|Beitragstitel||The direct anterior approach for total hip arthroplasty in the severe obese patient. Is it a reliable option for patients with a BMI > 35 kg/m²?|
Severe obese patients (BMI>35 kg/m²) requiring total hip arthroplasty (THA) are not considered good candidates for direct anterior approach (DAA) as excessive abdominal fat tissue can impede surgery thus increasing the potential for complications. The advantages of the DAA in THA are well known, however the concerns about applying these techniques in obese patients remain controversial. The aim of this study, was to determine if the DAA is a reliable option in severe obese patients in terms of complications and outcome.
In this retrospective cohort study we included 141 patients (80 female, 61 male) with a median BMI of 42 kg/m² (range 35 – 56) who underwent primary THA through a DAA in our department from January 2009 to December 2015. Median age was 69 years (range, 45 – 91) and median follow-up time 3.2 years (range, 1 – 5). As control group acted 285 patients (129 female, 156 male), with a median BMI of 23.6 kg/m² (range 20 - 25) and median age of 72y (range 61 - 94) who had surgery in the same time period. Median follow up time was 2.6y (range 1 -5). Intraoperative data, peri- and postoperative complications, radiographic values and hip function (Harris Hip Score) were assessed.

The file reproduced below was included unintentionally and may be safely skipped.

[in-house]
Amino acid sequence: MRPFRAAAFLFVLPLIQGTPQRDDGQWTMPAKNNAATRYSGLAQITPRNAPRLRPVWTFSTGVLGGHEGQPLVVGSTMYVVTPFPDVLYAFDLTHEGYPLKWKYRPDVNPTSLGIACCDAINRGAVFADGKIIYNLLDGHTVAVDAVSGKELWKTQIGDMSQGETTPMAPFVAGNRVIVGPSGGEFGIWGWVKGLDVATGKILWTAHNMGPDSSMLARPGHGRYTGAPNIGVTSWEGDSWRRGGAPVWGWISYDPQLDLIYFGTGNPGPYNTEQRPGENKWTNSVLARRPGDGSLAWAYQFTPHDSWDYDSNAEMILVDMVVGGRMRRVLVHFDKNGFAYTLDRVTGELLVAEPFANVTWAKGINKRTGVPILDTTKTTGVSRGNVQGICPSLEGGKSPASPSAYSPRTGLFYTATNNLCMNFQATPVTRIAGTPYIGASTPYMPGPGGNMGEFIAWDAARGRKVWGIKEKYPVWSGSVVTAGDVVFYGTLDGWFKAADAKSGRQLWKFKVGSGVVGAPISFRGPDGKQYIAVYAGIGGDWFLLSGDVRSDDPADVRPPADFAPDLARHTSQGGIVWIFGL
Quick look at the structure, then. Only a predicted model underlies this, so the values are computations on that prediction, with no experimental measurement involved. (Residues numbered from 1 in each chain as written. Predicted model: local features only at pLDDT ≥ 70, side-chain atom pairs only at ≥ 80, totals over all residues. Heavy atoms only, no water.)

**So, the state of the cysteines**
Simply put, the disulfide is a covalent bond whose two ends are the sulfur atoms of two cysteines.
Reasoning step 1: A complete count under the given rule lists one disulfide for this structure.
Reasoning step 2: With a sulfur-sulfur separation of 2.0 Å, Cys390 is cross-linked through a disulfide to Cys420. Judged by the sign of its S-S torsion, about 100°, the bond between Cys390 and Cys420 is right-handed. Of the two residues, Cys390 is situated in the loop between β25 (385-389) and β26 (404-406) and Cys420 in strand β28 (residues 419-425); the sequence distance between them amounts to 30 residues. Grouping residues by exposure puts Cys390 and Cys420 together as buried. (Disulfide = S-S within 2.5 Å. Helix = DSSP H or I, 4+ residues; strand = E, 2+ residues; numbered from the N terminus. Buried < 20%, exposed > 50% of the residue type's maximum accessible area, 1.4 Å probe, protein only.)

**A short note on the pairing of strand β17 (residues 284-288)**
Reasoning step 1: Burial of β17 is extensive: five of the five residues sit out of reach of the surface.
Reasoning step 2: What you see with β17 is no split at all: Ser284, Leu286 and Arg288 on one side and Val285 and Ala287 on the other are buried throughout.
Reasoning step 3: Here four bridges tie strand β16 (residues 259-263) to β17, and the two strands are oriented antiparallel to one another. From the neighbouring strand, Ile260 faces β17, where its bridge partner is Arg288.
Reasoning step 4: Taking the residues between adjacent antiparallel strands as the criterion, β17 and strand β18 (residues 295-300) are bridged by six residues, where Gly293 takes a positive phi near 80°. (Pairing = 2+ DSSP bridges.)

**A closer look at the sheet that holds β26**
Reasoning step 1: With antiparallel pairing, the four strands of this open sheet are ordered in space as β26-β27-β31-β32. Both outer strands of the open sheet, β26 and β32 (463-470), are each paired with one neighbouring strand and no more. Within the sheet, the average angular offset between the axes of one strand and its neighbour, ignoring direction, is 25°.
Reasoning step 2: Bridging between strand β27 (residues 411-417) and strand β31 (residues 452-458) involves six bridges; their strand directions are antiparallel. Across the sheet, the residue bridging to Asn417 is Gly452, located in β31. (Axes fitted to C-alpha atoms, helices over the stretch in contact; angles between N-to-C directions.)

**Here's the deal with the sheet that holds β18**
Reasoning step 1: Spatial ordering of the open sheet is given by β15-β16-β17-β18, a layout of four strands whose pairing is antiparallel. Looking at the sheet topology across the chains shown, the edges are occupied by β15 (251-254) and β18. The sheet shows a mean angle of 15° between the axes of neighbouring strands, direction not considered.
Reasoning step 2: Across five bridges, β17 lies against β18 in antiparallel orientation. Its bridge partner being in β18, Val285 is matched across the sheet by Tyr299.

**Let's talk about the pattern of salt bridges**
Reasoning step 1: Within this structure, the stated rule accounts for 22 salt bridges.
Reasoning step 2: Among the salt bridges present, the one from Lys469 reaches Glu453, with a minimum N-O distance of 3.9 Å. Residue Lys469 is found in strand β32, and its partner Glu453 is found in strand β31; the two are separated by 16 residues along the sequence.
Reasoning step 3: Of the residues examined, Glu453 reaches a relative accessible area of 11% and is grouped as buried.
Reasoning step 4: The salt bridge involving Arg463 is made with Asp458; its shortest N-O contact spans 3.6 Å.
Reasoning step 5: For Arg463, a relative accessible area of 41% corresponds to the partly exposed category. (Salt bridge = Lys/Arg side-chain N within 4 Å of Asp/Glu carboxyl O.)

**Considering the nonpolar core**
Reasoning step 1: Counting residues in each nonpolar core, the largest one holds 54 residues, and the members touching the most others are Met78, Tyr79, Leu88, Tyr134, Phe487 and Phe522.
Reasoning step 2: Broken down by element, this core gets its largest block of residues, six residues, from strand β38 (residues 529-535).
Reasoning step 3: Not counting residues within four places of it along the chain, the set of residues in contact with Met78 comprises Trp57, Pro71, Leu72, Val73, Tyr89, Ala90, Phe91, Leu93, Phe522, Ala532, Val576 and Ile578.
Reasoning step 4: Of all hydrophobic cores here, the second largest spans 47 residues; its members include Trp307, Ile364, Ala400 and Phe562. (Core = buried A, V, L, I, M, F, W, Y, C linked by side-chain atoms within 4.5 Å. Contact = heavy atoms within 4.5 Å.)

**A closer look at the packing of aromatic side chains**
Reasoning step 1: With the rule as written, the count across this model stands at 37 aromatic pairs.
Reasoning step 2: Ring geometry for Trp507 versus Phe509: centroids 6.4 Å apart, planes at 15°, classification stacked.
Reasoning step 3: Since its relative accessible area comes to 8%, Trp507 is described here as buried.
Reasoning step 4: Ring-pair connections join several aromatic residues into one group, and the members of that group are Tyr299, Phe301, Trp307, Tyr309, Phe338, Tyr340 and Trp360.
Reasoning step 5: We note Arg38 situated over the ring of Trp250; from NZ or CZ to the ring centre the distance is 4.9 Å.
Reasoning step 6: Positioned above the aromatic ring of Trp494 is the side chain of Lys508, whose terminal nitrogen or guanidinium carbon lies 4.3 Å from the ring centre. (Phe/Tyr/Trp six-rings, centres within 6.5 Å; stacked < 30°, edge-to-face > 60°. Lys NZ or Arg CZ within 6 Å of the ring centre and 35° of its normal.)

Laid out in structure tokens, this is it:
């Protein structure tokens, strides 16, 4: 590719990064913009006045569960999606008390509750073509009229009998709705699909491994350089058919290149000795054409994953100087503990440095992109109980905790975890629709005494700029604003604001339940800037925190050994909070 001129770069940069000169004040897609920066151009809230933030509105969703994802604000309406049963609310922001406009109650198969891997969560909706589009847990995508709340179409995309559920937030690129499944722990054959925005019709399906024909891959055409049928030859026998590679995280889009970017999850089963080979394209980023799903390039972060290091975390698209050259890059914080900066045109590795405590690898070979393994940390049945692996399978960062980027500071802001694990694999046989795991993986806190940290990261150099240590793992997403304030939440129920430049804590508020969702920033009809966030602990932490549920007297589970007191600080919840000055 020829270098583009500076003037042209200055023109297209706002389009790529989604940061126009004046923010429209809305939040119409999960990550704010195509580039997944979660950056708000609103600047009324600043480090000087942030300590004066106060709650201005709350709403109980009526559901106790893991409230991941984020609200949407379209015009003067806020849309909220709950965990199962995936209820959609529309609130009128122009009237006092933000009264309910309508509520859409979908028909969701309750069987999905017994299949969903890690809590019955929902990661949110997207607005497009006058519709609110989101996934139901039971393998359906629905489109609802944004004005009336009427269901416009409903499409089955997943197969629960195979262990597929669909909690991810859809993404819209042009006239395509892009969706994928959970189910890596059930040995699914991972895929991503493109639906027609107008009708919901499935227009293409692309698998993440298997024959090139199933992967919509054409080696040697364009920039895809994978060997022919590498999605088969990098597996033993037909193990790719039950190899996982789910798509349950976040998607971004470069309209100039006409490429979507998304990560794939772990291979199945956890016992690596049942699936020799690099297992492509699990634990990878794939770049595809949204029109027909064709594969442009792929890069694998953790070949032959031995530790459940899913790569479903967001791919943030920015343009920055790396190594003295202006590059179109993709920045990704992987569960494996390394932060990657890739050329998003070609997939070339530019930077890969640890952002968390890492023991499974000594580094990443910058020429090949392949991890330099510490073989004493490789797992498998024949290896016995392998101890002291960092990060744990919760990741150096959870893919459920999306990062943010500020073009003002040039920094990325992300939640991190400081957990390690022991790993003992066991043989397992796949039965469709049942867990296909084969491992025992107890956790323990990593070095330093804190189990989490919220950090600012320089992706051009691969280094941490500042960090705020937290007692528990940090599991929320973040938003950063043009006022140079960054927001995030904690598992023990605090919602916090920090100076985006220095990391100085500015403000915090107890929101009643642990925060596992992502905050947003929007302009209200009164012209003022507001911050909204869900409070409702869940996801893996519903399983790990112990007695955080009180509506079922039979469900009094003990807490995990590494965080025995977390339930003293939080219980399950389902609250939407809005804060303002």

In the severe obese group 10 hip infections (7.8%) were recorded until last follow up time. 20 patients required revision surgery (14%). Median hospital stay was 13.2 days. 3 patients deceased during follow up. In one case death was related to hip infection. The median Harris Hip score (HHS) improved from 61 (range 35 - 70) to 87 points (range 74 – 100). The infection rate in the control group was 1.7%. 12 patients required revision surgery (4.2%). Median hospital stay was 6.2 days. The median HHS improved from 62 (range 40 - 74) to 91 points (range 78 -100). 4 patients deceased during follow up. No death was linked to the surgical treatment. No dislocation was observed during follow up time in both groups.
Our data suggest that severe obese patients have significantly higher infection rates compared to non obese patients. However, compared to literature our infection rates with the DAA are comparable to standard more extensive approaches. Severe obese patients can still profit from the benefits of DAA as do non-obese patients. The results of this study should be further investigated to assess long-term effects.